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[en] Background: In luminescence dating, dose rate is the irradiation dose a sample absorbed per unit time. The estimation of a dose rate affects the reliability of the burial age. Quadratic Propagation of Uncertainty (QPU) is routinely used to assess the standard error of a dose rate estimate. However, dose rate calculation involves lots of non-linear transformations between various parameters. This complicates the application of QPU method in dose rate error estimation. Purpose: In the current study, a detailed introduction to the calculation of the annual dose rate in case of coarse quartz sediments is given. A Monte Carlo technique (a 'parametric bootstrap' method) is employed to simulate the propagation of uncertainty in dose rate calculation. Methods: An open source R program used for performing the simulation is developed. A practical application of this technique is illustrated using a measured data set. Results and Conclusion: The Monte Carlo method is more flexible and simple in comparison with the QPU approach in dose rate error assessment. The stochastic scheme described in this article can be applied to any field of the analytical sciences. (authors)
[en] The characteristics of eolian sand activity are greatly influenced by the wind regime, and wind regimes have been changing around the world in response to climate change. This has also been true in the desert area of northwestern China since 1965, and these changes have changed the region’s landforms, sandstorm frequency, and desertification. In this study, we analyzed the temporal and spatial variation of the region’s near-surface wind field since 1965. We found an average annual wind speed during this period of 1.7 m s−1, with a decreasing trend from 1965 to 2000 and an increasing trend from 2000 to 2015. The maximum rate of decrease occurred in the spring and in the eastern Taklimakan Desert. The variation of the average wind speed depended on the frequency of winds strong enough to entrain sand (with a wind speed > 6 m s−1). We also found that variations of the drift potential were primarily controlled by three prevailing wind groups (winds from the northwest, north, and northeast), but showed complex changes between seasons and regions. The wind direction in the Taklimakan Desert is characterized by two characteristics of branch and steering, the branch line is swinging in the direction of the east and the west (81.5° E~84° E). The changes in wind speed were mainly caused by a decreased frequency of strong winds, precipitation, and urban development. However, the variation of wind speed had less impact on the desert environment than the variation of wind direction.
[en] Research on the wind environment variation improves our understanding of the process of climate change. This study examines temporal variation of the near-surface wind environment and investigates its possible causes in the Mu Us Dunefield of Northern China from 1960 to 2014, through analyzing the meteorological data from seven stations and the land use and land cover (LUCC) change data with 100 m resolution. The wind speed had a widespread significant decrease with an average trend of − 0.111 m s−1 decade−1, although the rate of decrease differed seasonally. This negative trend was also found in the winds that were above a 5 m s−1 threshold, as well as the percentage of their days, which influenced the wind speed change more strongly. Overall, 88.69% of the annual decrease resulted from decreases in the maximum wind speed, and the percentage even reached 100% in autumn and winter. We further found that the drift potential decreased at decadal time scales, mainly focusing on three prevailing wind groups: the northerly, westerly, and southerly winds. This revealed the weakened East Asian monsoon and westerly circulation in the lower atmosphere. Against the context of climate warming, the decline of wind speeds in spring was closely related to the greenhouse gas, while the winter decline was closely associated with the aerosol or atmospheric dust. Moreover, the LUCC change showed the decreased areas of sand land and the increased areas of vegetation-covered land, which increased the ground surface roughness and was another reason for the weakened wind environment.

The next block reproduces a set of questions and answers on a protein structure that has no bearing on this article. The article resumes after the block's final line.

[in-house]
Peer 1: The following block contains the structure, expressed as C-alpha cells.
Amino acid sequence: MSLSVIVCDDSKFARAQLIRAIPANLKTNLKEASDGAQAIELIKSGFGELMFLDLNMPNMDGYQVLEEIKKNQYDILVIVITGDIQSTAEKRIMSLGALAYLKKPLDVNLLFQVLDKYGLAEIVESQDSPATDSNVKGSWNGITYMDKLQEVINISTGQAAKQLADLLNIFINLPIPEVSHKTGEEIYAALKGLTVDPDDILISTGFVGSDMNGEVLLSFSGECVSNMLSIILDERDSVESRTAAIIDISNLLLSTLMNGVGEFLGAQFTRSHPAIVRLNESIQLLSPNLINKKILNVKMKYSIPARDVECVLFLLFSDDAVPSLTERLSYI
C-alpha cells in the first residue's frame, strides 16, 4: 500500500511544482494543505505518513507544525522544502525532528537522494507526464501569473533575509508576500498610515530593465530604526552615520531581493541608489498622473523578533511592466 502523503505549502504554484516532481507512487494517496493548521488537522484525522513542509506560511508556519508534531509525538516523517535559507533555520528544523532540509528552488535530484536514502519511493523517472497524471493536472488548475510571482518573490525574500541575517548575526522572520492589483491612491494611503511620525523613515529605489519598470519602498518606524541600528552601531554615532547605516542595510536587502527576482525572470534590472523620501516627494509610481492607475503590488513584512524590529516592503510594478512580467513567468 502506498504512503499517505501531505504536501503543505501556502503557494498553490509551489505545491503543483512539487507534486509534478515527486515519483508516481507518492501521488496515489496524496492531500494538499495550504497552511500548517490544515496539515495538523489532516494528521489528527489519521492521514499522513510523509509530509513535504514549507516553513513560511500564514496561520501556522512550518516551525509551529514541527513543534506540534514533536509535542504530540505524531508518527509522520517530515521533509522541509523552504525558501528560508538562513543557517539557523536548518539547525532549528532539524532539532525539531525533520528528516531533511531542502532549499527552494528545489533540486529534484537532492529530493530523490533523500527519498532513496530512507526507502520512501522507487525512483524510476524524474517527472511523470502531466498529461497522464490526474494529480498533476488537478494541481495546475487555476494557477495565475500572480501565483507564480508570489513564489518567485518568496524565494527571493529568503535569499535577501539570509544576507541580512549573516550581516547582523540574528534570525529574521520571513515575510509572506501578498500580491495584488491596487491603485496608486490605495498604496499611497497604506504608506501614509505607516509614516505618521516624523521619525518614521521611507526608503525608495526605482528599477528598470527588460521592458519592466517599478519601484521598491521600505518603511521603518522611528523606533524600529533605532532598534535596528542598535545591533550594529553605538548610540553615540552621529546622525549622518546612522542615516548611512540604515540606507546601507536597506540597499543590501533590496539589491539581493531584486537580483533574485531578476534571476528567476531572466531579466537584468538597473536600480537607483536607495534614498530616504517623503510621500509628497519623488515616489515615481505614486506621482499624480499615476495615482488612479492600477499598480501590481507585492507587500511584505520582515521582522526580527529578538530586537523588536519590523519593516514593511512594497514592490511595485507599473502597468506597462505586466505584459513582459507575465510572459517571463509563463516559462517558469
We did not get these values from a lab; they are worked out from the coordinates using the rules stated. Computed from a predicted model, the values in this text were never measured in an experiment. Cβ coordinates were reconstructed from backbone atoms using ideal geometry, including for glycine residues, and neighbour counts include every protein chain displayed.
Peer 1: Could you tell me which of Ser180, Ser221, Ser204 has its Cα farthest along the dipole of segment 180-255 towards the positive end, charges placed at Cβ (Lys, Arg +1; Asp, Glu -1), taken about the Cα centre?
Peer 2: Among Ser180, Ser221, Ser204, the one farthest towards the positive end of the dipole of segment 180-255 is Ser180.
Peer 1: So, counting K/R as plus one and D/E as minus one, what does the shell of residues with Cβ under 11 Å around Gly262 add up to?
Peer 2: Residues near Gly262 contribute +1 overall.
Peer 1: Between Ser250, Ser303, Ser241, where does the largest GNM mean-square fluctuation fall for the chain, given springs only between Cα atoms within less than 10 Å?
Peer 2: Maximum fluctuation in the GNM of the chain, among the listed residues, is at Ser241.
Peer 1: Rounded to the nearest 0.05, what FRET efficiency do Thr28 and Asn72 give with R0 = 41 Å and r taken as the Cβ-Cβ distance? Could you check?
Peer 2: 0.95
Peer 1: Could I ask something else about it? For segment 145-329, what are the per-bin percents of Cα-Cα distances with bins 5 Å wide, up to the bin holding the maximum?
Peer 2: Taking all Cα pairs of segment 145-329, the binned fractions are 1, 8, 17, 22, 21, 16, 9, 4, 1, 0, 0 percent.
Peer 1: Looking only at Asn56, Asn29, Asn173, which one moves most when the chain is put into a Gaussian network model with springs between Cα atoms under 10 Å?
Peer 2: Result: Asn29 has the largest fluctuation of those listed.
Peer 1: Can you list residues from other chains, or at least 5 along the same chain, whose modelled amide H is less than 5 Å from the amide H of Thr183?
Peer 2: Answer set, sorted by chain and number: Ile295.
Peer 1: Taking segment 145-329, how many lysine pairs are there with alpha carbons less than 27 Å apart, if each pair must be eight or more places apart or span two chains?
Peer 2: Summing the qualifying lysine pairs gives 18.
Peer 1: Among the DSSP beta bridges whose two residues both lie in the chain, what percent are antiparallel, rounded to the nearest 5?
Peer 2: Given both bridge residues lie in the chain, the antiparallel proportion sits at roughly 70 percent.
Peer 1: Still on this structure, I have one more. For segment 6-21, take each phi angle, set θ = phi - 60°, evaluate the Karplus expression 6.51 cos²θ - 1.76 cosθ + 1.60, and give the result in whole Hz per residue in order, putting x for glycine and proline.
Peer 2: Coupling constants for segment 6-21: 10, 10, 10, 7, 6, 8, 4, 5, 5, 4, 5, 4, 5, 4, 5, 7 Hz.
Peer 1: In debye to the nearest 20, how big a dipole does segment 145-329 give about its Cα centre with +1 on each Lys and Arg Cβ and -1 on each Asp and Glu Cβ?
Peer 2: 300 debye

[en] Highlights: • Shear horizontal wave dispersion in nanolayers with surface effects is examined. • Wave velocity is dependent on the layer thickness and surface elastic constants. • Surface elastic constants can be analytically derived from the wave velocity. - Abstract: In this work, the shear horizontal (SH) wave dispersion in two dissimilar nanolayers is investigated by using the surface elasticity theory in which the surface effects are featured by surface elastic constants. It is found that the SH wave dispersion shows distinct dependence on the nanolayer thickness as well as the surface elastic constants. The larger the surface elastic modulus and/or the smaller the thickness, the higher the phase velocity. In particular, as the wave frequency approaches zero, the analytical relation between the phase velocity in the first mode dispersion and the surface elastic constants is deduced. Thereby, a facile method is suggested to determine the surface elastic constants from the phase velocity of SH waves scattered in nanolayers.